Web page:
Scout sorts out disappointments; Tigers' bonus baby
Posted: Monday August 28, 2006 12:27PM; Updated: Tuesday August 29, 2006 12:17AM
Injuries have derailed Bobby Crosby's season, but his slump hasn't kept the A's from taking control of the AL West.
Jed Jacobsohn/Getty Images
If someone erected busts for all of baseball's Biggest Busts of 2006, the vast collection could encircle a baseball stadium.
There are so many busts, in fact, that I am breaking them up by league. Today it's the American League, tomorrow the National League. Even in AL, the supposed "good" league, there are plenty of dropoffs and dropouts, downfalls and disappointments.
It's hard to know what happened to all these guys, so I've consulted a longtime big league scout to help ferret out the problem or problems. With some it may be a little about age; with others it's surely injuries. With a few, the problem may be more chemical in nature. Another possibility, of course, is that many of these guys have simply stunk, that their bad years can be filed under the heading, "Hey, it happens.''
Here are the AL's Biggest Busts of 2006 (I'm grading on a curve, against expectations):
25. Adam Kennedy, 2B, Angels. He once hit three home runs in a playoff game but has hit only two this year. "Weird uppercut swing,'' the scout said.
24. Carl Everett, ex-Mariner. This obvious bust (.658 OPS) wanted to bust up manager Mike Hargrove's office after being informed that he might have to take a seat. If anything, he should have been grateful to Grover, who gave Everett more at-bats than he deserved.
23. Aaron Boone, 3B, Indians. The famed Red Sox killer has posted a meager .372 slugging percentage. "I never thought he was the player he was given credit for,'' our scout said. "He's always been pull happy, and everyone's known for years to pitch him away.''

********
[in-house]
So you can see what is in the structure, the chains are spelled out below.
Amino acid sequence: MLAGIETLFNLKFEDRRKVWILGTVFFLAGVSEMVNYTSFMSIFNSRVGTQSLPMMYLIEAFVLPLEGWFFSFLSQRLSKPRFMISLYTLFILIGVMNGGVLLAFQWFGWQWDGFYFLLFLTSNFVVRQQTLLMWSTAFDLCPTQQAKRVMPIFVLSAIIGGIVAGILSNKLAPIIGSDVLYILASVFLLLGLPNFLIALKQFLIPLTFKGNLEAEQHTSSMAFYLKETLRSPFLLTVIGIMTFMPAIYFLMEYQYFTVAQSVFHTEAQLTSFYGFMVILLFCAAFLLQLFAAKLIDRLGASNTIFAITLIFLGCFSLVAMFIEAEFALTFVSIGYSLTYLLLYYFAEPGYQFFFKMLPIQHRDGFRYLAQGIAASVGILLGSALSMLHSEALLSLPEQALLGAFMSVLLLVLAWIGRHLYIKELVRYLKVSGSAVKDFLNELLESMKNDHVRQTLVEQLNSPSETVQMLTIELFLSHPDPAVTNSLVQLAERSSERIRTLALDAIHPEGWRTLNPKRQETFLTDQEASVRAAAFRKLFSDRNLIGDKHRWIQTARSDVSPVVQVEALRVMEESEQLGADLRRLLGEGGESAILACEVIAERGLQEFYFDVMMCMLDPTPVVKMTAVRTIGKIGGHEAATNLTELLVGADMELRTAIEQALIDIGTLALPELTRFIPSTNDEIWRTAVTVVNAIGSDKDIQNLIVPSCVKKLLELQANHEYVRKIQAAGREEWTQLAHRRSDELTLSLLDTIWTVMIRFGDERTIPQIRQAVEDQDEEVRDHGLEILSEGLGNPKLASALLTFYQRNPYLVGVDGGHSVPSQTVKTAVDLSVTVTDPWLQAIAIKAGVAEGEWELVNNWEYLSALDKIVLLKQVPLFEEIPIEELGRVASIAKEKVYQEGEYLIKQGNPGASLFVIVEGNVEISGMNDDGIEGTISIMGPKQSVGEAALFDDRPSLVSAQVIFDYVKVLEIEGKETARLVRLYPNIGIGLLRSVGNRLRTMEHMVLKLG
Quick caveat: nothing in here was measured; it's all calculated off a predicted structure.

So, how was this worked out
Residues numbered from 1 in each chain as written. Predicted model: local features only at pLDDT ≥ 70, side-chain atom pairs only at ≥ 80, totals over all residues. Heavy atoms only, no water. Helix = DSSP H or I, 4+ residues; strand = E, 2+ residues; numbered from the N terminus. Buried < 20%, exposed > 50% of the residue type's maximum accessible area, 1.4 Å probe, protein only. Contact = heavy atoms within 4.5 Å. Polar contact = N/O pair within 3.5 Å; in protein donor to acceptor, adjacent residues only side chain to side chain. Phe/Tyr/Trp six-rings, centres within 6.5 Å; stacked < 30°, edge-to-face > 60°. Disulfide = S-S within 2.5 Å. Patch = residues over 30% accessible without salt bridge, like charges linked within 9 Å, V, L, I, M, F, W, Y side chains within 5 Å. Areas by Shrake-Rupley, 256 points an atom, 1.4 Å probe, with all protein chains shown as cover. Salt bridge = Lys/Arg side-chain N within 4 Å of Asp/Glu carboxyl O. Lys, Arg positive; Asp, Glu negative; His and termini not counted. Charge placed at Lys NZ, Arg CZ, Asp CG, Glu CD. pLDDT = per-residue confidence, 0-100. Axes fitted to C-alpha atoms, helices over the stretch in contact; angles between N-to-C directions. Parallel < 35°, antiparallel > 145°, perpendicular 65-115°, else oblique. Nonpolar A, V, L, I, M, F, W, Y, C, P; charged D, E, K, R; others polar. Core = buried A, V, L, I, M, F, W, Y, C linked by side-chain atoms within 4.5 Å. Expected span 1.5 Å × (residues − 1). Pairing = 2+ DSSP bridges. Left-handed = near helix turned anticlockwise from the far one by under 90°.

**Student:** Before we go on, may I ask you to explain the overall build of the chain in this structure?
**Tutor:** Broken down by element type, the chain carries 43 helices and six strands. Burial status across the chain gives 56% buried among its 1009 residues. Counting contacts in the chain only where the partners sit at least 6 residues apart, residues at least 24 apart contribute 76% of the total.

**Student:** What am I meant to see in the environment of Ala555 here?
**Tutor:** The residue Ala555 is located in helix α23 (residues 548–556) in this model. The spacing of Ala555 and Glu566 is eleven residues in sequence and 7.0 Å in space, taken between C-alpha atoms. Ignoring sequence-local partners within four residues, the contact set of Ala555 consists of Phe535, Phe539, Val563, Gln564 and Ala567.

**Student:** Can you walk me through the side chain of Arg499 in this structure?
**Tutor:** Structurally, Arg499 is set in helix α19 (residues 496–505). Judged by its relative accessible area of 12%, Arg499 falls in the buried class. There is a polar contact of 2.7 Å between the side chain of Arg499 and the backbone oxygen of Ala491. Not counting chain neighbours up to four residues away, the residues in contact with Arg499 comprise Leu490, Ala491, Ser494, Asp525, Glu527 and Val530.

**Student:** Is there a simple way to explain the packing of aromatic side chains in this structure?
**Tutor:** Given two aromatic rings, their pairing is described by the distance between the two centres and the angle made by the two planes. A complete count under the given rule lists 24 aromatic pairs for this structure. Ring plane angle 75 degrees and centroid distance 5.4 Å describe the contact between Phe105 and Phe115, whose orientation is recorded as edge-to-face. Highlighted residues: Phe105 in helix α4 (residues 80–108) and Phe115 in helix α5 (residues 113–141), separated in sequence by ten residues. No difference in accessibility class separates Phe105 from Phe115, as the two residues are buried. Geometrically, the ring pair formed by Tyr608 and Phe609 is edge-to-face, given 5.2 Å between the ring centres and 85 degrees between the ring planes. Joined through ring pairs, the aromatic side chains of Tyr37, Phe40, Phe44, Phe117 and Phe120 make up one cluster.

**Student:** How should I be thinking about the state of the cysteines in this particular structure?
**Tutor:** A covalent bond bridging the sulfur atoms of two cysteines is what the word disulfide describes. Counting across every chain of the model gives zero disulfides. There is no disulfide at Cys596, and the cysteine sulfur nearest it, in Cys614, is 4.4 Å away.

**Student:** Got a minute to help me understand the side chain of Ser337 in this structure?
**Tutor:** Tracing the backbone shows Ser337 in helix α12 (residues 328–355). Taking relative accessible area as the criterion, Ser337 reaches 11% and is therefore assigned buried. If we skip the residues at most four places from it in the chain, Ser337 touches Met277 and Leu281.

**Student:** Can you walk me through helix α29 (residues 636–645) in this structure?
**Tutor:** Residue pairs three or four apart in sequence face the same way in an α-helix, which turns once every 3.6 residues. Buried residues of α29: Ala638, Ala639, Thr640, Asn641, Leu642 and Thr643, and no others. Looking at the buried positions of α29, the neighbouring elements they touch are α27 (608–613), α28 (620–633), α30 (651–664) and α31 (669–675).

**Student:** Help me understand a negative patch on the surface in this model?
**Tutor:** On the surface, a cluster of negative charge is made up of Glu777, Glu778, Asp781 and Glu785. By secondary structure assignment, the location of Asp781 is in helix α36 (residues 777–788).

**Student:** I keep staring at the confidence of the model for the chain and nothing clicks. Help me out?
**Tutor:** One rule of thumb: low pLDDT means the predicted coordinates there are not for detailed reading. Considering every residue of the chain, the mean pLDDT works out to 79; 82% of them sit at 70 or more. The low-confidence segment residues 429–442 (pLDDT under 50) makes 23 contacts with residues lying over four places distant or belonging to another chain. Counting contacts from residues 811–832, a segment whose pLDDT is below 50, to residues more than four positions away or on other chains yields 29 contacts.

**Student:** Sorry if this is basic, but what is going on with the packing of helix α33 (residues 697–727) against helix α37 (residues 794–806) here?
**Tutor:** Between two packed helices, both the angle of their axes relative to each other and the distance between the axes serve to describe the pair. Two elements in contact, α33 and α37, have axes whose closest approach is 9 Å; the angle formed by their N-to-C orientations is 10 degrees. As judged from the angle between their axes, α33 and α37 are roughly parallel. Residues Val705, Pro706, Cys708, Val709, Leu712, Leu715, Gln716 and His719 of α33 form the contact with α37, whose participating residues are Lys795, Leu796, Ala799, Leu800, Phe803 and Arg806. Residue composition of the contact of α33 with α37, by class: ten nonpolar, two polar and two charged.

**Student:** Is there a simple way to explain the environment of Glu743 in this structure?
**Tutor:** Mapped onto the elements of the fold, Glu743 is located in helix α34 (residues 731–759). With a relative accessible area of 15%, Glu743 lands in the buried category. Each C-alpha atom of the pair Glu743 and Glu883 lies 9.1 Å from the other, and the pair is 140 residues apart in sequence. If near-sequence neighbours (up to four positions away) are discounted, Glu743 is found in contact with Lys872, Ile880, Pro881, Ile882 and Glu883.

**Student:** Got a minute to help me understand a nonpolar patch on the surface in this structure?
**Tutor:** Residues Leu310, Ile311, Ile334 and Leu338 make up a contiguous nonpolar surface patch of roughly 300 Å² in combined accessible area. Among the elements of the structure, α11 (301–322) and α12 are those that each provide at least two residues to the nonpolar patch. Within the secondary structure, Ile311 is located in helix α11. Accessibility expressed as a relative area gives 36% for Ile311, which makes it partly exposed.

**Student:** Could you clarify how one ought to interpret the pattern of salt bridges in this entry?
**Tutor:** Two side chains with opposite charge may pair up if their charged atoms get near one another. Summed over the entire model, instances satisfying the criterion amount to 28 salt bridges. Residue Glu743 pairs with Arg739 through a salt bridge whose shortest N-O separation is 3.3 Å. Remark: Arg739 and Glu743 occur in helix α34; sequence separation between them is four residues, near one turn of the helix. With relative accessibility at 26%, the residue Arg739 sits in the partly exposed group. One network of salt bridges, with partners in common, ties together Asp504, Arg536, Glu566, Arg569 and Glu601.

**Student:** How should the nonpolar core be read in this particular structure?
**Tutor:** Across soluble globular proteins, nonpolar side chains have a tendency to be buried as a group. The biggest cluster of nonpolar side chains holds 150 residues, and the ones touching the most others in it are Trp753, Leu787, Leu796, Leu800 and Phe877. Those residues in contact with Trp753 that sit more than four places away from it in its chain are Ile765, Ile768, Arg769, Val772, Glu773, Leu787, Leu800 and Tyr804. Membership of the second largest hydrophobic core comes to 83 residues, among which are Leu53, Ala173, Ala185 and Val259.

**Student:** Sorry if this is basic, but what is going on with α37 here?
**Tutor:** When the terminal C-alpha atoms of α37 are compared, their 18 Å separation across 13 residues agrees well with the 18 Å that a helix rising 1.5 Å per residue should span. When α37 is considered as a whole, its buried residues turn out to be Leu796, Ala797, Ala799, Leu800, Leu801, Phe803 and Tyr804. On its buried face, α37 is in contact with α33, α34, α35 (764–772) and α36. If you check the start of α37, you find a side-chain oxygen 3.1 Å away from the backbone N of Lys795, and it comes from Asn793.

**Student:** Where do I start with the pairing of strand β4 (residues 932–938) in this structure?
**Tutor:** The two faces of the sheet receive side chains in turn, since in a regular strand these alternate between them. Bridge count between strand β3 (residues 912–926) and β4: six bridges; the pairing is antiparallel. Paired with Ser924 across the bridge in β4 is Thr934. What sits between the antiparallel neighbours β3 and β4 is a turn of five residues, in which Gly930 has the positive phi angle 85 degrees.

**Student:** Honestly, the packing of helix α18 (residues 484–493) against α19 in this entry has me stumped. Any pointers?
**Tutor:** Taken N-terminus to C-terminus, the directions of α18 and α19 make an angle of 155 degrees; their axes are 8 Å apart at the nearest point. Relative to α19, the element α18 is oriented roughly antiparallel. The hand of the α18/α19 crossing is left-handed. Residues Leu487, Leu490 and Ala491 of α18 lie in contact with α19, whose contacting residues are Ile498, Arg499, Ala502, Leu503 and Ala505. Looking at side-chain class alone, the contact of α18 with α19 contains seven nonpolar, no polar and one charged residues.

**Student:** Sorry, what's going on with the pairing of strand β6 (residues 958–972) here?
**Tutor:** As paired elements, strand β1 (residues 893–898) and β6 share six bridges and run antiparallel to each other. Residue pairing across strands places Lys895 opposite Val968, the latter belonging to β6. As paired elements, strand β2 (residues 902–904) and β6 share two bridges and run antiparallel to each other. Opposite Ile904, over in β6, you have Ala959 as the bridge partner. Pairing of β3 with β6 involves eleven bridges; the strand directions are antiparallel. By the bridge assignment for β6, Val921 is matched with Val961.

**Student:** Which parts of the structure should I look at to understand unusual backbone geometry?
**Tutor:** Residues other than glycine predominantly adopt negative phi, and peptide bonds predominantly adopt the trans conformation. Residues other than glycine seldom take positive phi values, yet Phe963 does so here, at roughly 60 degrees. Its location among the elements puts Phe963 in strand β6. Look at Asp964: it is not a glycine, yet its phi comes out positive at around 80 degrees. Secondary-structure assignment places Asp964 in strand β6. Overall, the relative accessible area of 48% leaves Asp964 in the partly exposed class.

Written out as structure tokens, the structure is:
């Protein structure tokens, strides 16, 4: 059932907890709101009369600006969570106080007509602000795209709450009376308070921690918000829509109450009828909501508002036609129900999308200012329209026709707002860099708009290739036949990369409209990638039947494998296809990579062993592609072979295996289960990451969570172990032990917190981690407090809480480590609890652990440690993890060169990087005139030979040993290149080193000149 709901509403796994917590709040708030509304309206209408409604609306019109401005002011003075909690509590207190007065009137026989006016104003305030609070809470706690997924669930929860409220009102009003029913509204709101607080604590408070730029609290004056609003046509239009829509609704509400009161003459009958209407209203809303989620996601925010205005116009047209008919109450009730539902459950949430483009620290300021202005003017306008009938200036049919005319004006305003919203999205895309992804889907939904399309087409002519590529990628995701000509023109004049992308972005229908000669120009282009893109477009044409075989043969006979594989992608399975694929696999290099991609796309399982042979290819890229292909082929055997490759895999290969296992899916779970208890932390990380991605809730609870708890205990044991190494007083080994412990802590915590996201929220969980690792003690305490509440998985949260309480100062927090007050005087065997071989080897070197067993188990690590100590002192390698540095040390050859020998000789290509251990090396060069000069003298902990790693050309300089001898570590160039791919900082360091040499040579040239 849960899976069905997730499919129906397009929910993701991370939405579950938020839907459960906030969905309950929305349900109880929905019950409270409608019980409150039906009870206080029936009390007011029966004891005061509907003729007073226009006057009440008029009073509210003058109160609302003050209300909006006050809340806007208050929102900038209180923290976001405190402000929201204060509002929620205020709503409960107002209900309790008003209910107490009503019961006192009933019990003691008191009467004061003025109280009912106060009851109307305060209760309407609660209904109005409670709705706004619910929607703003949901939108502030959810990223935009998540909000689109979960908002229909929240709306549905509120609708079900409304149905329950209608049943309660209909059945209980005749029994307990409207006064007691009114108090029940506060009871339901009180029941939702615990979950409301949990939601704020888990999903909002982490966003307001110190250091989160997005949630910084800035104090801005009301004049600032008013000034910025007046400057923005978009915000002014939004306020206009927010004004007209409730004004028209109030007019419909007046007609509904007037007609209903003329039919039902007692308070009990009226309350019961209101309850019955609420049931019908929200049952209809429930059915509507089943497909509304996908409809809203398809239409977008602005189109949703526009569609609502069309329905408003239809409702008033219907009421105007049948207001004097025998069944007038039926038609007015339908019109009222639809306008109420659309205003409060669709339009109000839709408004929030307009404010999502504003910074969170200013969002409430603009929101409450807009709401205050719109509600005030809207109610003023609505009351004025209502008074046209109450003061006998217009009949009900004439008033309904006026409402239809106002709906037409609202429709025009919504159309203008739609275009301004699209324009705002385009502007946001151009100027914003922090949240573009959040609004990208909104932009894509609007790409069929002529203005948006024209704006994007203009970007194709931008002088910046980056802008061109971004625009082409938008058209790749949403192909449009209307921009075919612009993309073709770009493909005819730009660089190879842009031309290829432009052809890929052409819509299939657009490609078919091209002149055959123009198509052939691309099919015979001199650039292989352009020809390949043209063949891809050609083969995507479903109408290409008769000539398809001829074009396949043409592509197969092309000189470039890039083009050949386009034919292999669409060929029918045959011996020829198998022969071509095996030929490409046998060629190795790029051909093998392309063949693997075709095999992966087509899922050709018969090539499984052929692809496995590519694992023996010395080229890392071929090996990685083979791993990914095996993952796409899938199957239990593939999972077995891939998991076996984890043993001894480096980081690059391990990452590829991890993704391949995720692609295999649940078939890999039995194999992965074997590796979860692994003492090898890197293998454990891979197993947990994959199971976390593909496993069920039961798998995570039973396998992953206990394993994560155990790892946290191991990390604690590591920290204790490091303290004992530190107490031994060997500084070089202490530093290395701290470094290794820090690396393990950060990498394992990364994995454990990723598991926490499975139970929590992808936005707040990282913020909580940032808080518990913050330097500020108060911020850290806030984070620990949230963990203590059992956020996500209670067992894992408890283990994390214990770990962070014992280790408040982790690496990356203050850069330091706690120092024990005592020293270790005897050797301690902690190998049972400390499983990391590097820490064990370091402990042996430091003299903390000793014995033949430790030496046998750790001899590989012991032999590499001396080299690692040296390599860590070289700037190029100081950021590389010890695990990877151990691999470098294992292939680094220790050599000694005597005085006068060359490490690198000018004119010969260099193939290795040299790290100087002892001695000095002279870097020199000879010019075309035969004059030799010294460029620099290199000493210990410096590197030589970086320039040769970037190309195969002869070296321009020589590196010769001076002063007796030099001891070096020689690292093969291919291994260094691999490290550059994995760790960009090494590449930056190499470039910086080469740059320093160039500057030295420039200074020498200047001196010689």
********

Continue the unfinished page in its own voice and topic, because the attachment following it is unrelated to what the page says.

22. Bobby Crosby, SS, A's. Offensively, he's been a complete washout (.338 slugging percentage). "It's got to be his back,'' the scout surmised. "It's hard to do anything with a bad back.''
21. Carl Pavano, P, Yankees. Samuel Beckett has a sequel: Waiting for Pavano.
20. Josh Towers, P, Blue Jays. Take away his 1-9 mark and 9.11 ERA and the Blue Jays are where they expected to be.
19. Joey Gathright, OF, Royals. Numbers tell the story: zero home runs, 17 stolen bases, .221 batting average, .582 OPS.
18. Julian Tavarez, P, Red Sox. Duck when he enters. Batters are hitting .298 against him.
17. Chris Shelton, 1B, Tigers. What a rags-to-riches-to-rags story this is. A cover boy in April and a minor leaguer by August. The scout said, "I still think he can hit.'' Shelton certainly could early. Had nine home runs through 13 games, and only seven in 89 since.
16. Jonny Gomes, DH, Devil Rays. His season mirrors Shelton's except he got to stay in the majors (if you consider the D-Rays the majors). "He's playing hurt,'' the scout said. "His shoulder has to be killing him.''
15. Felix Hernandez, P, Mariners. The scout is still predicting big things for the power pitcher who has suffered a severe sophomore jinx. "He might have thought that all he had to do was throw his glove out there,'' the scout said. "I still see him as a top-of-the-rotation guy. It's just a matter of maturing. He sure has enough weapons.''